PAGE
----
Full story  :  http://www.news.com.au/business/money/story/0,28323,26194165-5013952,00.html

    Read Full Post »

    A Quinns Rocks couple in their 50’s have wasted no time coming forward to claim an $820,000 win from last weekend’s Saturday Lotto draw.

    The couple said that the prize money is the “icing on the cake” and will allow them to retire earlier than they’d expected.

    They have decided to keep the win a secret from all family and friends.

    The winning ticket was purchased at Ocean Keys Lottery Centre in Clarkson.

    Read Full Post »

    • Last-minute tips to save on tax
    • What to claim, how to file
    • Plenty of help on ATO website

    HAPPY New Year! Well, almost. With only 24 hours left until the end of financial year, what should you be doing today to ensure that you don’t end up with a big tax hangover tomorrow?

    “Don’t forget to pay your expenses,” says Tracey Nicholson, the Assistant Commissioner of Taxation.

    “Ensuring that expenses are paid and claimed in the correct tax year can save a lot of headaches in having tax returns amended down the track.”

    Ms Nicholson suggests that some top-priority things for taxpayers to do prior to lodging their return include:

    • Go surfing! The ATO website, that is.

    “There is a wealth of information on the ATO website, both general as well as information that’s specific to various professions,” says Ms Nicholson. “It’s a great place to start your research on what you may be able to claim as a deduction.”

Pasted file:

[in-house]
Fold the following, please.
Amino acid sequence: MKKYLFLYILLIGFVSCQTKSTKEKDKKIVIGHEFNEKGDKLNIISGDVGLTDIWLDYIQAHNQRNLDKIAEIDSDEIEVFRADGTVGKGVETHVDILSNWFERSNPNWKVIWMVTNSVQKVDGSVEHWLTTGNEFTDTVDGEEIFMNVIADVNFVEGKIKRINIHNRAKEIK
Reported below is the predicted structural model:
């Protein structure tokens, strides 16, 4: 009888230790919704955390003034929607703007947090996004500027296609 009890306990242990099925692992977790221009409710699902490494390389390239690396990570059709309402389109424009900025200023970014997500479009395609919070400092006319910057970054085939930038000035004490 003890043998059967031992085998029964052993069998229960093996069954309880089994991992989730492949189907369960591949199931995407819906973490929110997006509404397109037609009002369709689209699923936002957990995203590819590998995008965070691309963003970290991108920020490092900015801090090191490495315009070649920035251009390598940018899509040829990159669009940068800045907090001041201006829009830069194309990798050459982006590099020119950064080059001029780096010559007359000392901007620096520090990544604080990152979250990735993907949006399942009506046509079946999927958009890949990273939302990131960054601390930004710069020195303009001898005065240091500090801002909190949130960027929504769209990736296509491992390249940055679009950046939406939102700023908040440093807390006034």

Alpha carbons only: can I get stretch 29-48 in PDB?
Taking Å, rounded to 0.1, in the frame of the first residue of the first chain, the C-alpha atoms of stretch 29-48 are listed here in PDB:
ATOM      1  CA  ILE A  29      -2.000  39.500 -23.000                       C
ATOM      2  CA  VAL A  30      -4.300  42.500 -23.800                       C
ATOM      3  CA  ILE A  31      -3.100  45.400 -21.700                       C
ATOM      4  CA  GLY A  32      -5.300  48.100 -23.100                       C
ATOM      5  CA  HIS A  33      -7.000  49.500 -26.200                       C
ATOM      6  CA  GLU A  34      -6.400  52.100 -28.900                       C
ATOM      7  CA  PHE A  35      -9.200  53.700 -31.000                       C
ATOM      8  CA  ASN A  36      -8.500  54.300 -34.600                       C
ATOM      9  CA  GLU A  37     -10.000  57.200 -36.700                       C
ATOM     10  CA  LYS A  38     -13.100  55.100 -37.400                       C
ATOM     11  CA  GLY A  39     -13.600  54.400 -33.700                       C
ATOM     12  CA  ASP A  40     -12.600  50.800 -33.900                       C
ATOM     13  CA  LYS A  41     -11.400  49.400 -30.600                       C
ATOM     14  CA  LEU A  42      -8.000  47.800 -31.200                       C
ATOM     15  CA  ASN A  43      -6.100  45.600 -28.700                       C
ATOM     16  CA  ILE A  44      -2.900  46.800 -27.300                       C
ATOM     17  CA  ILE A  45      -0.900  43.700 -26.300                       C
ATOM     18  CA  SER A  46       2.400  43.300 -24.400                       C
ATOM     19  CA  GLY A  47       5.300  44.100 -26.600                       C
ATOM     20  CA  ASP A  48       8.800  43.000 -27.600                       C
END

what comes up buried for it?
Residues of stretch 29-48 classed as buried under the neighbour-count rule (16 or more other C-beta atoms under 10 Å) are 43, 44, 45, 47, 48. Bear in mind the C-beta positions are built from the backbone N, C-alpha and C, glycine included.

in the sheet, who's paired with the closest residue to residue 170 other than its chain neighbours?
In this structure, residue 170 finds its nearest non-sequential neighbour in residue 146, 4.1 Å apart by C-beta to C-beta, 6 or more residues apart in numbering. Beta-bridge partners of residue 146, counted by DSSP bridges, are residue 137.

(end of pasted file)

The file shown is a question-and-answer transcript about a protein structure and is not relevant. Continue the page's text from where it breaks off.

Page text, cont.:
• Spring clean the house to find your receipts.

    “At the end of the day you need to keep your receipts to substantiate your claims,” says Ms Nicholson.

    • Lodge online.

    If you are DIYing your tax, Ms Nicholson recommends the online e-tax process as a great way to complete your return.

    “It’s free, and has a great step-by-step process that will help remind you of anything that you have forgotten,” she says.

    It can be worth getting professional advice as well though. Bill Keays, founding director of WA-based Hales Keays Chartered Accountants says that in his experience there are a number of tax-related benefits that people sometimes overlook.

    “Motor vehicle expenses are often overlooked,” he says.

    “You can claim up to 5000 kilometres of work-related use based on a reasonable estimate of business kilometers, without needing to keep a log book. But some people think that if they haven’t kept a log book, they can’t claim.”

    Another forgotten area, according to Mr Keays, is depreciation on a rental property.

    “Sometimes clients are not aware of how much depreciation they can claim,” he says.

    “For taxpayers who have a relatively modern rental property, engage a quantity surveyor to prepare a depreciation report. They will typically save you many times more than their fee due to the deductions they identify.”

    But lest you get carried away with all the potential deductions out there, remember that you do need the paperwork to back it up.

    “We conduct plenty of audits,”says Ms Nicholson.

    “We’re going to have a special focus on truck drivers, sales and marketing managers, sales reps and electricians this year – but any taxpayer has the chance of being audited.”